World

Joe Lycett's donkey joke isn't a matter for the police

22 June 2022

9:06 PM

22 June 2022

9:06 PM

There’s a word for countries in which you might get collared by the police because someone took offence to your jokes. And it isn’t a nice one. It’s the sort of thing you read about going on in Erdogan’s Turkey or Putin’s Russia. But it is also the sort of thing that now happens in allegedly liberal Britain. As Joe Lycett has found out.

The stand-up comic and former Great British Sewing Bee host says he was contacted by the cops over a joke in his new show, referring to a donkey’s genitalia. ‘Someone came to my tour show a few weeks back and was offended by one of the jokes. And their perfectly understandable response to this was… to call the police’, he posted on Instagram yesterday.

It seems like the officers knew this was all ridiculous, but had to go through the motions:

‘To be fair to them, the fuzz were very nice about it all but felt they had a duty to investigate. This involved me writing a statement explaining the context of the joke for them; I particularly enjoyed putting the words ‘giant donkey d***’ into a message to a police detective. Charmed, and hopefully amused, the rozzers have since closed the matter.’

Now, Lycett is a noted wind-up merchant: he recently ‘caused chaos’ in Westminster by ‘leaking’ an obviously and comically fake summary of the Sue Gray report. We can only hope this is all a big joke and promotional stunt. But regrettably it seems to be genuine. And it is hardly out of character for the cops, who seem to have taken the phrase PC police far too literally in recent years.


It’s unclear what law or protocol Lycett was investigated under, but police today have many to choose from. Perhaps he’d been accused of committing a so-called non-crime hate incident. More than 120,000 people have had these black marks put against their name on the basis of an allegation alone. This Orwellian practice still hasn’t been fully overhauled despite the courts declaring the current process an unlawful interference in free speech.

In a sense, Lycett got off lightly. In recent years, the British state has routinely arrested, fined and even jailed people for telling offensive jokes. Granted, these were often less-than-amateur comedians – often drunk, idiotic students mouthing off and saying disgusting things on the internet. But just because their jokes weren’t always funny, and some were genuinely offensive, the principle of the thing should still chill us.

Back in 2012, 19-year-old Matthew Woods from Lancashire was jailed for 12 weeks for making jokes online about April Jones and Madeleine McCann. He pleaded guilty at Chorley magistrates court to ‘sending by means of a public electronic communications network a message or other matter that is grossly offensive’. The chairman of the bench told Woods he deserved the longest sentence the court could hand down.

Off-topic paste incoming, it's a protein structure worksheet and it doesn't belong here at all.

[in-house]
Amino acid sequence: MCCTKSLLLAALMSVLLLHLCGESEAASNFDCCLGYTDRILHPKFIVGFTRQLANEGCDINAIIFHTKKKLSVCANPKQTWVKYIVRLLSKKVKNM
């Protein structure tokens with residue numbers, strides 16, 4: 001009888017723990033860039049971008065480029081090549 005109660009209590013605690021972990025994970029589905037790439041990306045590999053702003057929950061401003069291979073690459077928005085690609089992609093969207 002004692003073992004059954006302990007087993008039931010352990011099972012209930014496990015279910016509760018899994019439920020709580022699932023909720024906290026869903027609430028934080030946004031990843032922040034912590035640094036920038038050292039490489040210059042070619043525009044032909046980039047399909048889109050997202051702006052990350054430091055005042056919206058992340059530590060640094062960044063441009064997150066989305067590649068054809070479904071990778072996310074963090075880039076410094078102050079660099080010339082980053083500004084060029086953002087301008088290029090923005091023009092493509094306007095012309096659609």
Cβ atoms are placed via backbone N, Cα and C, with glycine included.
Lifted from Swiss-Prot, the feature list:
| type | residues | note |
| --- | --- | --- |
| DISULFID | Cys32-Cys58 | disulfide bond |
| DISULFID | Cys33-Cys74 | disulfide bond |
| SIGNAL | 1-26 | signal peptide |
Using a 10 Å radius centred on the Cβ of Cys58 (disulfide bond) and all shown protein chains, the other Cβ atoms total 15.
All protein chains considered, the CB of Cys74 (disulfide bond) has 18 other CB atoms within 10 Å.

In 2020, a group of 18 and 19-year-olds from Gateshead were arrested by police on suspicion of committing a hate crime. They had filmed a video of themselves mockingly re-enacting the murder of George Floyd by Minneapolis police. The video showed them swigging beer and laughing. They posted it on Snapchat and it later went viral, causing outrage. Some demanded the police get involved, which they dutifully did.

Then of course there is the infamous case of the Nazi pug. In 2018, Scottish YouTuber Mark Meechan was fined £800 for uploading a ‘grossly offensive’ comedy skit of him teaching a dog to do a Hitler salute – the joke being that he was trying to annoy his girlfriend by turning her cute pug into the worst thing imaginable. The humour was apparently lost on the Scottish authorities.

Now, to many people’s ears, a sick joke about Madeleine McCann or George Floyd will be infinitely more distasteful than Lycett’s more mainstream material. But humour is entirely subjective. And we should make no distinction between censoring one and censoring the other. Such censorship is always wrong and infantilising, regardless of whether the joke in question is funny, satirical or indeed a thinly veiled bit of bigotry.

We also risk sleepwalking into a situation where only professional comedians are given the benefit of the doubt. Indeed, the sort of offensive jokes teenagers have been locked up for are not that far away from what Frankie Boyle’s material used to be like before he went woke. Feted alternative comic Jerry Sadowitz – whose act is wilfully, disgustingly and brilliantly offensive – continues to tell Madeleine McCann jokes with impunity. And rightfully so.

Unless we want a world in which you’re asked to produce a licence for your edgy joke, we need to kick the cops out of comedy. No one should be arrested, investigated or prosecuted for saying something offensive, whether or not it has a punchline at the end of it. The authorities should not be in the business of telling us what is and isn’t appropriate or funny – whether we’re joking about Nazis or a giant donkey d***.

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